« PreviousContinue »
for their protection. In the manifestation of this passion we see something that deeply interests us, we begin to feel that there is some communion between us and animals. The animal whose breasts bind it with ties of affection to its little ones, is, in a point that touches us nearly, very like ourselves.
Amongst select classes of the vertebrated animals the mother is supplied with milk, but amongst animals of a widely different character the parental affection is, nevertheless, elicited in strength, as amongst the birds and some of the insects. The structure of these creatures does not admit the fætal growth of the young and the corresponding secretion of milk; but by other ordinations of nature the young animals whose early existence requires aid and protection, find it in the affection of their parent, for if Nature does not herself nurture and educate the progeny, she arranges * that the parent animal shall administer to all the needs of the helpless offspring.
Now amongst the mammalia this great distinction is an obstacle to transition from the other vertebrated animals, obviously arranged by general plan and design. That an animal without milk and without care for its offspring,
* This is more markedly shown to us in the habits of the ostrich. The young birds hatched in the torrid zone of Africa are left to take care of themselves, as the heat is sufficient for their growth, and they can find their own food; but towards the Cape, where the climate is less warm, the mother ostrich watches over her young with the greatest care, and attends to their wants. "Aussitôt que les jeunes autruches sont écloses, elles sont en état de marcher, et même de courir et de chercher leur nourriture; en sorte que dans les zones torrides, ou elles trouvent le degré de chaleur qui leur convient, et la nourriture qui leur est propre, elles sont emancipées en naissant, et sont abandonnées de leur mère, dont les soins leur sont inutiles : mais dans les pays moins chauds, par exemple, au Cap de bonne esperance, la mère veille a ses petits tant que ses secours leur sont nécessaires, et partout les soins sont proportionnés aux besoias.'--Buffon,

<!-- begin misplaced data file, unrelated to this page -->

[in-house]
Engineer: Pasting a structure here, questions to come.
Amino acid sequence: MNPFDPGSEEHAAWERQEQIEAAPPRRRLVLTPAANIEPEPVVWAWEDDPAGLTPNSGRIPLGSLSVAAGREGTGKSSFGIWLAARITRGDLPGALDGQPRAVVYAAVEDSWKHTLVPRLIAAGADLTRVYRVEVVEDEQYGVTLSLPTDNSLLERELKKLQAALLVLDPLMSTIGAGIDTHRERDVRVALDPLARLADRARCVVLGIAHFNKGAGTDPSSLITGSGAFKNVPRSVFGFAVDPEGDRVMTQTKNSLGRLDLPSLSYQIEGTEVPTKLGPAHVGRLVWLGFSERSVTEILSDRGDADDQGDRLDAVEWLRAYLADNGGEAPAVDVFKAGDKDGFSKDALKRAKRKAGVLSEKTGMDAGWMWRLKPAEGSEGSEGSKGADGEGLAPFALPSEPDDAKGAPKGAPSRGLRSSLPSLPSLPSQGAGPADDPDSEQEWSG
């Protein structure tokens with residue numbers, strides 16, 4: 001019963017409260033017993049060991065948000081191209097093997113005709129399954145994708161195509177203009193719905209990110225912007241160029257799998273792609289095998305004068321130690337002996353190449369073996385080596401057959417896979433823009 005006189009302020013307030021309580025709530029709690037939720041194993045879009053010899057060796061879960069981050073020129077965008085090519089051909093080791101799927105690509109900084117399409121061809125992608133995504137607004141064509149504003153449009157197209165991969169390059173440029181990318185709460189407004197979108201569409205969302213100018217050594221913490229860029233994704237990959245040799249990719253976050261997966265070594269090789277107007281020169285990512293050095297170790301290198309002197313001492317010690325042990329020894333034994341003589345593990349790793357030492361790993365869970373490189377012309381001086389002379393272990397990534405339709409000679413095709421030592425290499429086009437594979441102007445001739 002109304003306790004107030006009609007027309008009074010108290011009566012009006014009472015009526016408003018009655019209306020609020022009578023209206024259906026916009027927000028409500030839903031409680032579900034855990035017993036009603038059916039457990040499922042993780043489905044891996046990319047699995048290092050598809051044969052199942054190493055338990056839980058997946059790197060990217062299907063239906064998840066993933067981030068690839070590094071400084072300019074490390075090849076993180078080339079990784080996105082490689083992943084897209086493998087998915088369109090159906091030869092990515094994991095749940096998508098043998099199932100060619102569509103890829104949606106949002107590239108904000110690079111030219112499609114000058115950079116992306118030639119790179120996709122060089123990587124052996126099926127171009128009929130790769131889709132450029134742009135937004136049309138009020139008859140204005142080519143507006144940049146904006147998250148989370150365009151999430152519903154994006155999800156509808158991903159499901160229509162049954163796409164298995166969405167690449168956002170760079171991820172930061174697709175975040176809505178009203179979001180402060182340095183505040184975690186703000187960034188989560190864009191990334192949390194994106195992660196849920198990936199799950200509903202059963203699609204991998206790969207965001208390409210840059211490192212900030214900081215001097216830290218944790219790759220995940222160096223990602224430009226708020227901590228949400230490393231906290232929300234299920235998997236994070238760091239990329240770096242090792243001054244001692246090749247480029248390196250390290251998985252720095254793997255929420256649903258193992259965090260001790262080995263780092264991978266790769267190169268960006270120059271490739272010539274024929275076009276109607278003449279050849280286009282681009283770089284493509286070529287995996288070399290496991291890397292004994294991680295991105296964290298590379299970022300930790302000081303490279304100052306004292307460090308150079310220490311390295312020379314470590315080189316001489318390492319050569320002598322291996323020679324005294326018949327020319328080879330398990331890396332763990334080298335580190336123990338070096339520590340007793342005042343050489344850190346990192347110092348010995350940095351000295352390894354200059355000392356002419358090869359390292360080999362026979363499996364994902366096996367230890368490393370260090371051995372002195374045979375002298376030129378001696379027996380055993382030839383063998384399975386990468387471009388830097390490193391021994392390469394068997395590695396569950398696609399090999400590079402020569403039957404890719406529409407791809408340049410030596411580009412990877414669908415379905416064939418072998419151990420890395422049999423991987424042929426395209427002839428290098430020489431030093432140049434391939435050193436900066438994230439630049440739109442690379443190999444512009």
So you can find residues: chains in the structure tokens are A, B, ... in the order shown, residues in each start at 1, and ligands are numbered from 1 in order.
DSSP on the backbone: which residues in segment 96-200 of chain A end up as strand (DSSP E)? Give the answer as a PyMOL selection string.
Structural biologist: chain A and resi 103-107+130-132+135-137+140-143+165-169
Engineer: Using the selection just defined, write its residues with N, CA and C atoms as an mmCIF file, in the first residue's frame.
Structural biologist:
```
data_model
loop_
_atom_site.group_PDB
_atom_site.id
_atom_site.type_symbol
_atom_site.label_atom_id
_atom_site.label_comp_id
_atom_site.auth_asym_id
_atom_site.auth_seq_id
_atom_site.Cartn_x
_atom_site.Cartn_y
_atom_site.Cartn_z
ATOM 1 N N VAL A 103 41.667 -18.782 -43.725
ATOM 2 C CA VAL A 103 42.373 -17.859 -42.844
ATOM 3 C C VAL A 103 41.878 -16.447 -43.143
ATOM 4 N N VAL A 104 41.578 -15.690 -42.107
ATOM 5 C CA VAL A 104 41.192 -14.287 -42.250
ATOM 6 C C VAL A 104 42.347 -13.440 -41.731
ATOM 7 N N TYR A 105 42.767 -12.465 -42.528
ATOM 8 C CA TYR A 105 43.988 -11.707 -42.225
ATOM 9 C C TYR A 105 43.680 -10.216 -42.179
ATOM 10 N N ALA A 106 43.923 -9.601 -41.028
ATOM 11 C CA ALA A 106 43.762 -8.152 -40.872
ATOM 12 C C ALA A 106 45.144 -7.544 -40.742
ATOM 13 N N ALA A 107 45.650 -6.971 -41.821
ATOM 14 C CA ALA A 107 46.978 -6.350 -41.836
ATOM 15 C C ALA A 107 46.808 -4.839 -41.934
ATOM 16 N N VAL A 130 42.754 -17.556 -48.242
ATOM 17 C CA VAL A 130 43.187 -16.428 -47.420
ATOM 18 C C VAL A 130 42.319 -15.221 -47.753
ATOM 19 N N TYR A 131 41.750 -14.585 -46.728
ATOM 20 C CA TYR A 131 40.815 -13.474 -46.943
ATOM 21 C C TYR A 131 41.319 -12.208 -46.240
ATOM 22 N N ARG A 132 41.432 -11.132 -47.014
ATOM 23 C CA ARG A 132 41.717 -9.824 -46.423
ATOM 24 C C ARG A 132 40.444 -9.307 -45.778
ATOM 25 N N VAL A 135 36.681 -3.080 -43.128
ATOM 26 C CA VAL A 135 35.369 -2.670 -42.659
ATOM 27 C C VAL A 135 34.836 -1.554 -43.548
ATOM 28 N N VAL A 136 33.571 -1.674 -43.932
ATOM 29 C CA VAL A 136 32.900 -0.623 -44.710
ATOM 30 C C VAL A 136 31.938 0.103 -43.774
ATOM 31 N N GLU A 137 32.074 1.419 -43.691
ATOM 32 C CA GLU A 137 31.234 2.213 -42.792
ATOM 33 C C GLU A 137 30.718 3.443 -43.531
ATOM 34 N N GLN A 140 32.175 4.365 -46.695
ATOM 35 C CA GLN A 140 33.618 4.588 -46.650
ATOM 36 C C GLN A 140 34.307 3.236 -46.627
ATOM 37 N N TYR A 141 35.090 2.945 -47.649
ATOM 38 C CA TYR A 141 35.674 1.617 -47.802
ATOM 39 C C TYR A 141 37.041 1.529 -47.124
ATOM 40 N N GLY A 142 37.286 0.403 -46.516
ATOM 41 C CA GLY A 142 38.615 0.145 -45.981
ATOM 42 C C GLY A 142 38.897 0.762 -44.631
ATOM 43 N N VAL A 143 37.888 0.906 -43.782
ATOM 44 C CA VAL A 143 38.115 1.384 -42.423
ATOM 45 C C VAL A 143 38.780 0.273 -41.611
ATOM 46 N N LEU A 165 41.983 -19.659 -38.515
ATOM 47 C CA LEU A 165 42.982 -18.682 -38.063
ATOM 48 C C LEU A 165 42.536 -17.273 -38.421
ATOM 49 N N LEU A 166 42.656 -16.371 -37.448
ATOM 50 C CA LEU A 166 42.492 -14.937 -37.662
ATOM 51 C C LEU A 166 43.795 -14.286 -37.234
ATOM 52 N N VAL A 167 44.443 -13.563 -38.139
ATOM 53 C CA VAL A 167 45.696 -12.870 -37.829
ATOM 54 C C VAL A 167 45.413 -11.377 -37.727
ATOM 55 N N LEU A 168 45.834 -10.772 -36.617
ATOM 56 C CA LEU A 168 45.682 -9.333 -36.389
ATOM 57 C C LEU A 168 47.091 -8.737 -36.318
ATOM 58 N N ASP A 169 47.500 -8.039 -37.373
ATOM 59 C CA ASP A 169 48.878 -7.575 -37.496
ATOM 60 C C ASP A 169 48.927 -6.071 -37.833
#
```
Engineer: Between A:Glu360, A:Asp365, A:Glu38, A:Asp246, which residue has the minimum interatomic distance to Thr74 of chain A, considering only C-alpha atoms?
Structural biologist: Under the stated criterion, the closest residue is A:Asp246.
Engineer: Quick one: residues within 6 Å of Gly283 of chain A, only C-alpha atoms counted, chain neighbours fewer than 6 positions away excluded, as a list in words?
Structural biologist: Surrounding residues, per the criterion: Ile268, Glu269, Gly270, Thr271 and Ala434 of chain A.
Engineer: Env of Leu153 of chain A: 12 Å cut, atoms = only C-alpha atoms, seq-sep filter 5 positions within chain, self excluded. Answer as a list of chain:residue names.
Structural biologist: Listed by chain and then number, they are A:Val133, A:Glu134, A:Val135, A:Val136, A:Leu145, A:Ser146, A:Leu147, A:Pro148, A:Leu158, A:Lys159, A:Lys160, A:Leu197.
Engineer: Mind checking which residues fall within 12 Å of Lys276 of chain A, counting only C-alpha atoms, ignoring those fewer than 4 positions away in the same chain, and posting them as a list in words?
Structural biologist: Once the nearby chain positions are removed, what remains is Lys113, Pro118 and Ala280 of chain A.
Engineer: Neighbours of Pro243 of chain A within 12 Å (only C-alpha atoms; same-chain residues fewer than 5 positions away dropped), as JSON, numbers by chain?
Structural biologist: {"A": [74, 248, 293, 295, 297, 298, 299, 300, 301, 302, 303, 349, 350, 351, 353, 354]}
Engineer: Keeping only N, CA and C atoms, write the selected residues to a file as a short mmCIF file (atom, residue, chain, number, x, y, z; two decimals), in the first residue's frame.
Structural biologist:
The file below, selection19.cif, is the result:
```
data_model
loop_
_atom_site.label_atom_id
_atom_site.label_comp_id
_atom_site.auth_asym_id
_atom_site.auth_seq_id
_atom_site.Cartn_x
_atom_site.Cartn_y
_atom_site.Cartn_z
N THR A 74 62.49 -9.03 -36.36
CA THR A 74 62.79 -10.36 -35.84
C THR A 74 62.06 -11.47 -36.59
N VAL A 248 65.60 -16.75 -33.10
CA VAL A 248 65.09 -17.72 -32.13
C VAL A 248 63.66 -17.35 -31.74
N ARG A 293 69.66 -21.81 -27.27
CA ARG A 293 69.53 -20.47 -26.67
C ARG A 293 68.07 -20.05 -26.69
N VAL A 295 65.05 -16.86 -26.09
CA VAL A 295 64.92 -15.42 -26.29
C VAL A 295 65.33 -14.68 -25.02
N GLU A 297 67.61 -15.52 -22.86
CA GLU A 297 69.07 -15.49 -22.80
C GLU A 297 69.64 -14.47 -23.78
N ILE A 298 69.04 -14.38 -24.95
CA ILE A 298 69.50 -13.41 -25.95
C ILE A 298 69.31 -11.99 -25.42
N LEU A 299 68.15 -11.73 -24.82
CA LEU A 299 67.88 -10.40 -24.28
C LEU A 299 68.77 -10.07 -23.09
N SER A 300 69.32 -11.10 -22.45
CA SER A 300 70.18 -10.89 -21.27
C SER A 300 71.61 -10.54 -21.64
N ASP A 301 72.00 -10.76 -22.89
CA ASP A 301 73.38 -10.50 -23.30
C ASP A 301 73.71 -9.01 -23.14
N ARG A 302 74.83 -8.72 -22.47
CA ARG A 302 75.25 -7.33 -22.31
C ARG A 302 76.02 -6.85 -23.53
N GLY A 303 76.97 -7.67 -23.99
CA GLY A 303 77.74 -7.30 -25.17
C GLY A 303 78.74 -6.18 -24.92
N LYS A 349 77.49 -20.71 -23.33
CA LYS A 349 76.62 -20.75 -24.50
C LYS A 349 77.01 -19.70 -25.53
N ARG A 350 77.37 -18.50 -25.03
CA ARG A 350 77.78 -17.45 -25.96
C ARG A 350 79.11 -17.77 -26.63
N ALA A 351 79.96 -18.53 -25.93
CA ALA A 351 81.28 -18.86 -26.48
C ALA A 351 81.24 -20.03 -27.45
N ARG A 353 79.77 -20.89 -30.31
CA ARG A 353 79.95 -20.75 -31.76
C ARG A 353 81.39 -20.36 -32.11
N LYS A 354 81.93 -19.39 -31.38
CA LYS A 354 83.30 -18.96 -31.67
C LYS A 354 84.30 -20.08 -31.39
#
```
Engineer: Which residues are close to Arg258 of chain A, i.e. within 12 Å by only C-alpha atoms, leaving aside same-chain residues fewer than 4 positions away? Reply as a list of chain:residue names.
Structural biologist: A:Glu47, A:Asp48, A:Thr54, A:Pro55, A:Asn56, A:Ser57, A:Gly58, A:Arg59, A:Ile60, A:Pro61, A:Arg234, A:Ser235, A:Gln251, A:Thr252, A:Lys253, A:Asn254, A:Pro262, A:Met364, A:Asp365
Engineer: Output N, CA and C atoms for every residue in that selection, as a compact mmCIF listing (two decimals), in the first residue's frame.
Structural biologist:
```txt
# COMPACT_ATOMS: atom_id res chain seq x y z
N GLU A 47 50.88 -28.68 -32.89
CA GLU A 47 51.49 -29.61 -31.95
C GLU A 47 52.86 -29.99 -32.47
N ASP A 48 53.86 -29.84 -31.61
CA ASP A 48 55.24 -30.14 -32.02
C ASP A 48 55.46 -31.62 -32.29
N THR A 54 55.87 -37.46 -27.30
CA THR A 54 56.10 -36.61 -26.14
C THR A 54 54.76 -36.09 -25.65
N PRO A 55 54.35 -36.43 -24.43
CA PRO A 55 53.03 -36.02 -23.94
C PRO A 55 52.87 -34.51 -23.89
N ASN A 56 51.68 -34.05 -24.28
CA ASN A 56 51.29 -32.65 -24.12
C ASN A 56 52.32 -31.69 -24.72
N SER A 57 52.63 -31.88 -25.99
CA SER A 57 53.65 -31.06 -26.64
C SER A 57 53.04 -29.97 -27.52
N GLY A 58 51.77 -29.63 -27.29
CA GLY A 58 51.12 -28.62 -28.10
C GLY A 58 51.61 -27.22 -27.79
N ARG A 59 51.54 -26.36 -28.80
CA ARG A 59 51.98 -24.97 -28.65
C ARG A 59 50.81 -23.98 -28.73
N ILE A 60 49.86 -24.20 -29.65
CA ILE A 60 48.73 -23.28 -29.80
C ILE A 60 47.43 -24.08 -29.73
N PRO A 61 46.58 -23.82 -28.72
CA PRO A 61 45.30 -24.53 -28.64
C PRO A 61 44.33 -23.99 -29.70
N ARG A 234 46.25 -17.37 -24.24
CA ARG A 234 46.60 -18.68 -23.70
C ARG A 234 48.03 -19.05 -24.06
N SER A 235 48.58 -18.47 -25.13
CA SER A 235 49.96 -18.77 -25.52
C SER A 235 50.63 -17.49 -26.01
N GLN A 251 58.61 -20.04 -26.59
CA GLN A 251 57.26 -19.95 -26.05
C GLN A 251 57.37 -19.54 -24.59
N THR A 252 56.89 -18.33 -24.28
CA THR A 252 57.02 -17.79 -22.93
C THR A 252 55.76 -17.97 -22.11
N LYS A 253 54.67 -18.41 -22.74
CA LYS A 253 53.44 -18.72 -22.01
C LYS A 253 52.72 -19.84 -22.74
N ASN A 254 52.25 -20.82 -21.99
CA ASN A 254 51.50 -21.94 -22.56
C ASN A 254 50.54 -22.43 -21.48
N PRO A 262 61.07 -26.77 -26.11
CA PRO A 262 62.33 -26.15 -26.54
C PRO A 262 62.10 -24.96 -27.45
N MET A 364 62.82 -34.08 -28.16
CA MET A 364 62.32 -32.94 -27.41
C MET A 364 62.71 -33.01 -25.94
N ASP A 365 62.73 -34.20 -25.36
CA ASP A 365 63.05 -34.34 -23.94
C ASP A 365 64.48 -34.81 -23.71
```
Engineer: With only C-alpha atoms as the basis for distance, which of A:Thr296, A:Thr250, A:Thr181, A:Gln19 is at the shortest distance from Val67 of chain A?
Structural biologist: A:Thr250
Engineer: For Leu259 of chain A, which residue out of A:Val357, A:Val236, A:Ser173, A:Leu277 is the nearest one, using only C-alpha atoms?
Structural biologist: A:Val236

We have been speaking of similarities of organization, we have now to say something of the ordinations of divi. sion or distinction, by which certain animals, whatever may be the similarity of parts of their limbs or bodies, are arranged in broad manifest separation of distinct groups, so as to preclude the idea of any possible transition from one to the other.
In a popular view of the animal kingdom this would appear sufficiently plain in the most obvious examples, as, for instance, the distinction between the carnivora and the ruminants; for no one uninitiated in the mysteries of the Transmutationists could ever be brought to believe that a cow had, by any quantity of changes in her ancestors, proceeded from the stock which produced a tiger or a lion. But though this common-sense view of the question of Dis. tinction of animals is really unanswerable, yet there are some other considerations of deeper moment that claim our attention.
Physiologists who have carefully studied organic beings, with a view to establish some fundamental system of arrangement, have observed these distinctions :
1. Creatures whose hearts are divided into four cavities, mammalia and birds.
2. Those having a heart consisting of three cavities, reptiles and amphibia.
3. Animals possessing a heart with two cavities, fishes and most mollusca.
4. Animals whose heart consists of a single cavity, articulated animals, worms, and insects.
5. Creatures in which the functions both of stomach and heart are performed by the same organ, as Medusæ.
This arrangement of the Animal Kingdom, in conformity with the structure of the heart, was proposed by the celebrated Hunter, and is here set before the reader that it may be perceived at a glance how formidable are the bar. riers which such divisions interpose to obstruct the scheme of Transmutation. In that theory there must have been a transference of life across these boundaries. If a reptile has, for instance, been converted, by Natural Selection and the Struggle for Life, into a bird, the animal with a heart of three cavities has, in its new form, assumed a heart of four; its circulation has been altered, and the corpuscules of its blood changed in form : so also the fish has changed its heart to become a reptile, &c., &c.